So “True” mahogany referring to all the other species, is more typically the type you would get. In the end, there are many species of Mahogany. Most of them are hard, dense, colorful, and the grain can have this, incandescent deep look about it - a halo. Some of the mahoganies are brittle. Some of them can chip easily. Hobbit House Inc. where most of the pictures came from, says it should be illegal to paint African mahogany! You know, I think he’s right.
Purpleheart: A dense and very hard wood, comes from South America. When cut the heartwood is a plain, non-impressive gray wood. Put a little sun on it and in a short time it’s a beautiful purple. Believe it or not purpleheart is a legume or you might say it's in the "pea family". In South America where prevalent, it is used for everything as it’s strong, it doesn’t rot, and insects don’t like the taste. Here in America it is used in a much more appealing way. Here we make the most incredible handcrafted jewelry boxes and dollhouse furniture.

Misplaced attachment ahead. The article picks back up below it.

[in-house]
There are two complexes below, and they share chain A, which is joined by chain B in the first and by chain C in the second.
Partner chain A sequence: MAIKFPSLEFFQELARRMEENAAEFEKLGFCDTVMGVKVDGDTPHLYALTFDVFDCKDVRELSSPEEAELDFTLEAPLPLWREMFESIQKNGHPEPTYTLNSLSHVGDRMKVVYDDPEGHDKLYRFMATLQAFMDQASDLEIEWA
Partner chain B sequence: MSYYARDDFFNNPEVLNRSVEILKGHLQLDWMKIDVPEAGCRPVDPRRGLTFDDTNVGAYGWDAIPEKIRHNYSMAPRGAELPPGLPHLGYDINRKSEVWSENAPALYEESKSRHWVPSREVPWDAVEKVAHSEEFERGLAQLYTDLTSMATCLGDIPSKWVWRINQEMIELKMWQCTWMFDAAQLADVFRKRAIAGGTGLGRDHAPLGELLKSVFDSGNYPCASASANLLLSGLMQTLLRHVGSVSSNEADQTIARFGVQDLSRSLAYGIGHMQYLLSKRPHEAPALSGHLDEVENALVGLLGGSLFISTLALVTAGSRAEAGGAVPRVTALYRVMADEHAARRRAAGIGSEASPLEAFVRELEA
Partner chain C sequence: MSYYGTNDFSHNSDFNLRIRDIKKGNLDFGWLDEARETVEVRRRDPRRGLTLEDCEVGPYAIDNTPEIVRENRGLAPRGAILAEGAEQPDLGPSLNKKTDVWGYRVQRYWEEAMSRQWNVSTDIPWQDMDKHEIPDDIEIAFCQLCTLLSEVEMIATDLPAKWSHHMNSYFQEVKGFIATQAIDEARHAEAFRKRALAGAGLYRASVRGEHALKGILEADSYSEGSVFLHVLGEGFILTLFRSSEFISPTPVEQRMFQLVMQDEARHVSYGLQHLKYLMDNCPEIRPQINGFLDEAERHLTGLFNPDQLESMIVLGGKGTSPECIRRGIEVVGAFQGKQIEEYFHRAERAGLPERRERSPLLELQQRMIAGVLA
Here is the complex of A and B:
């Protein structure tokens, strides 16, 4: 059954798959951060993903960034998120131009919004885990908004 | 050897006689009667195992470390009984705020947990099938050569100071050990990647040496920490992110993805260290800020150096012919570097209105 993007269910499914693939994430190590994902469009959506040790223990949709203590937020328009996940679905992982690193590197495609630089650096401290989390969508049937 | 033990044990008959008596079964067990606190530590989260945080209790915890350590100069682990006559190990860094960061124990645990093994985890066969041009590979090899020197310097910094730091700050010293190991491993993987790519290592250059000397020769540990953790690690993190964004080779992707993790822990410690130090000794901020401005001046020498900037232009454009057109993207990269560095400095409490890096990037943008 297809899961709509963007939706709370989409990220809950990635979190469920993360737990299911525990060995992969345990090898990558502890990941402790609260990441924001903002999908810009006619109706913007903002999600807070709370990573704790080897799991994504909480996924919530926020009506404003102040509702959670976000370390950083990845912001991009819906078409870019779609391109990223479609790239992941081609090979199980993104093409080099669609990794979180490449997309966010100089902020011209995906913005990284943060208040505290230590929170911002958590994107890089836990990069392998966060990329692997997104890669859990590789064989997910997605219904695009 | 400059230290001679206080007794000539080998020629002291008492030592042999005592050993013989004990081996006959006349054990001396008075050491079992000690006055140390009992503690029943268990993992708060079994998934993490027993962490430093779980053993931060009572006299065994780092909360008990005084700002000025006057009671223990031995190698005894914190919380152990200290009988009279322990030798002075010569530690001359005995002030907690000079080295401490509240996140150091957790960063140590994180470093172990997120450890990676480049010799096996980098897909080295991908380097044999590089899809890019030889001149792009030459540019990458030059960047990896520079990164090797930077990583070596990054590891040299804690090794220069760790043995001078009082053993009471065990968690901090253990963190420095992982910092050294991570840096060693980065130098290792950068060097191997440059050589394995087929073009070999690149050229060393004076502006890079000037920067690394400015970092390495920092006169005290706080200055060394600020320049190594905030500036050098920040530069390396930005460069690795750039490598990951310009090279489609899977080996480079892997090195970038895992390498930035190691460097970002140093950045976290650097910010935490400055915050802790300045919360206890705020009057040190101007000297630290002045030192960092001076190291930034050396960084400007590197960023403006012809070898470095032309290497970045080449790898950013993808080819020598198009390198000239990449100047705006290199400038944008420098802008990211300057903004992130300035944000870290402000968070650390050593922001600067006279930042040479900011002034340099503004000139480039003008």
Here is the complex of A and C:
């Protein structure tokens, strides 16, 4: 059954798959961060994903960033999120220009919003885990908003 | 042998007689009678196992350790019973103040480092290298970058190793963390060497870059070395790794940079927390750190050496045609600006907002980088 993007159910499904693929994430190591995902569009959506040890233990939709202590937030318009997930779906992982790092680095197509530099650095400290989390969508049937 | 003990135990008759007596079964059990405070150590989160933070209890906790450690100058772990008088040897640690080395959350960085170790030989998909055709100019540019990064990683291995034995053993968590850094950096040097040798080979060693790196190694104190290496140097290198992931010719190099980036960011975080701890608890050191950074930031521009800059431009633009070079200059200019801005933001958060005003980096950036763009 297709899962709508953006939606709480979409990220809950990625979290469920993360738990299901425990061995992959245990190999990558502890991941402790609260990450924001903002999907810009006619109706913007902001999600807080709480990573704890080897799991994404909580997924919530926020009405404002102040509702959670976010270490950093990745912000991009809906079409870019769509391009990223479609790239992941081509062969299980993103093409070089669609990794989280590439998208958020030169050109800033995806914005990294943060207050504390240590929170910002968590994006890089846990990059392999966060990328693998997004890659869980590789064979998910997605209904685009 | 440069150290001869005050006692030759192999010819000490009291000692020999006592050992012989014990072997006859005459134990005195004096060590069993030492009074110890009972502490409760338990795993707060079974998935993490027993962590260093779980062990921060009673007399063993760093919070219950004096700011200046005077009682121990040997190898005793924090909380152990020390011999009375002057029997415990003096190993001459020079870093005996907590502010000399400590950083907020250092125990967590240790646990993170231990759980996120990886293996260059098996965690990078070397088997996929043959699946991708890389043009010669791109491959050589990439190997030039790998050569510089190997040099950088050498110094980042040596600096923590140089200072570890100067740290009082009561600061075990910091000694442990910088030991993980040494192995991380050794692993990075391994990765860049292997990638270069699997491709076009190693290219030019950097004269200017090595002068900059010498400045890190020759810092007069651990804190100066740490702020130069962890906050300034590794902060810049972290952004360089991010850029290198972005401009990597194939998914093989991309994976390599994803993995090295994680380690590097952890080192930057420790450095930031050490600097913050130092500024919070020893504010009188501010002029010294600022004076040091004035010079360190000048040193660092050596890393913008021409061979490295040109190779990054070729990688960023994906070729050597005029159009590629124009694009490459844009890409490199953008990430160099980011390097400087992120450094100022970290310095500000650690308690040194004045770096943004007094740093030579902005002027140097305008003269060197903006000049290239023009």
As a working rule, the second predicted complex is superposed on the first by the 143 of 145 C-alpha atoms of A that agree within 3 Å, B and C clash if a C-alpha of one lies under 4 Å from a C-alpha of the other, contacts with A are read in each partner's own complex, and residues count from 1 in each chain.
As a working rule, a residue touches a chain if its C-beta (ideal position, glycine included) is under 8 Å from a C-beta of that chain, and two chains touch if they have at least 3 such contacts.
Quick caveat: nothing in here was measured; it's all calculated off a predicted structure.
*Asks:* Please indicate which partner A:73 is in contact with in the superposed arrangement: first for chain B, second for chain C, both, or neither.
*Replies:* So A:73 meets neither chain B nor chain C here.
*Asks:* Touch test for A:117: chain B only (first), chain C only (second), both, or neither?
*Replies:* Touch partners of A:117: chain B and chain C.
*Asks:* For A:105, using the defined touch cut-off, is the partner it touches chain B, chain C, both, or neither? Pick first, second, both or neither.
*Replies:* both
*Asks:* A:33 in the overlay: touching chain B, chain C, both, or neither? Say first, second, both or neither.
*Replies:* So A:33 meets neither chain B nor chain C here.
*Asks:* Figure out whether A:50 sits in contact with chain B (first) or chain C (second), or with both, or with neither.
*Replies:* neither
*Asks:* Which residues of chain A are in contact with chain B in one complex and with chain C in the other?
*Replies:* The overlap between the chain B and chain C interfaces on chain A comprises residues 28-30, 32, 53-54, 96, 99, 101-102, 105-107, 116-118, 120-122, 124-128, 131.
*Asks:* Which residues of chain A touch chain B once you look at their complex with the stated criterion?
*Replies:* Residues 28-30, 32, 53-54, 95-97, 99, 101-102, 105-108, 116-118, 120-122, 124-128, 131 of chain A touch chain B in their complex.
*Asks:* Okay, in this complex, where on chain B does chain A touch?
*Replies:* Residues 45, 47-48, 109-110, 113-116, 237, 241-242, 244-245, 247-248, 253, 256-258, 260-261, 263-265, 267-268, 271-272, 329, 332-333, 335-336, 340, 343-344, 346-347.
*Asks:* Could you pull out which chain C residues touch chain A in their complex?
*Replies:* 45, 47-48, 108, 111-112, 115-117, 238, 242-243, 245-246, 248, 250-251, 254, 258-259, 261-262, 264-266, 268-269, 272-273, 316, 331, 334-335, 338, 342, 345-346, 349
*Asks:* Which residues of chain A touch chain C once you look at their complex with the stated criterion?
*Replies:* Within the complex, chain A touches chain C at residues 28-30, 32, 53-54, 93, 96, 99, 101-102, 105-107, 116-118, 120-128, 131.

Here our Craftsmen “turn” Purpleheart into bowls and urns, and also use it for inlays and trim. Now and then you might happen across a handmade jewelry box or a vase.
Rosewood: Ok,ok,ok. I’ve been researching rosewood for 5 days and here’s what I know. Pretty much every piece of pink, to red, wood that no one has a name for, is called rose wood! Next.
Tulipwood: Tulipwood is often confused with the North American tulip poplar. Although it is not a poplar, it is one of the true rosewoods. It is also referred to as Brazilian tulipwood and pink wood. It comes from Brazil, and is a hardwood with a deep coloring from cream to salmon. The grain or striping is red violet, purple, to rose. The heartwood is cream and fades with age. Tulipwood is very rare anymore. Because of that, it is expensive. I talked to one box maker who does use it and he told me he has to order it six months in advance and at that he might or might not get the order he wanted. It costs $50/bf if you’re lucky. $80/bf is more likely. Tulipwood is mainly used for accent work. This wood is incredible.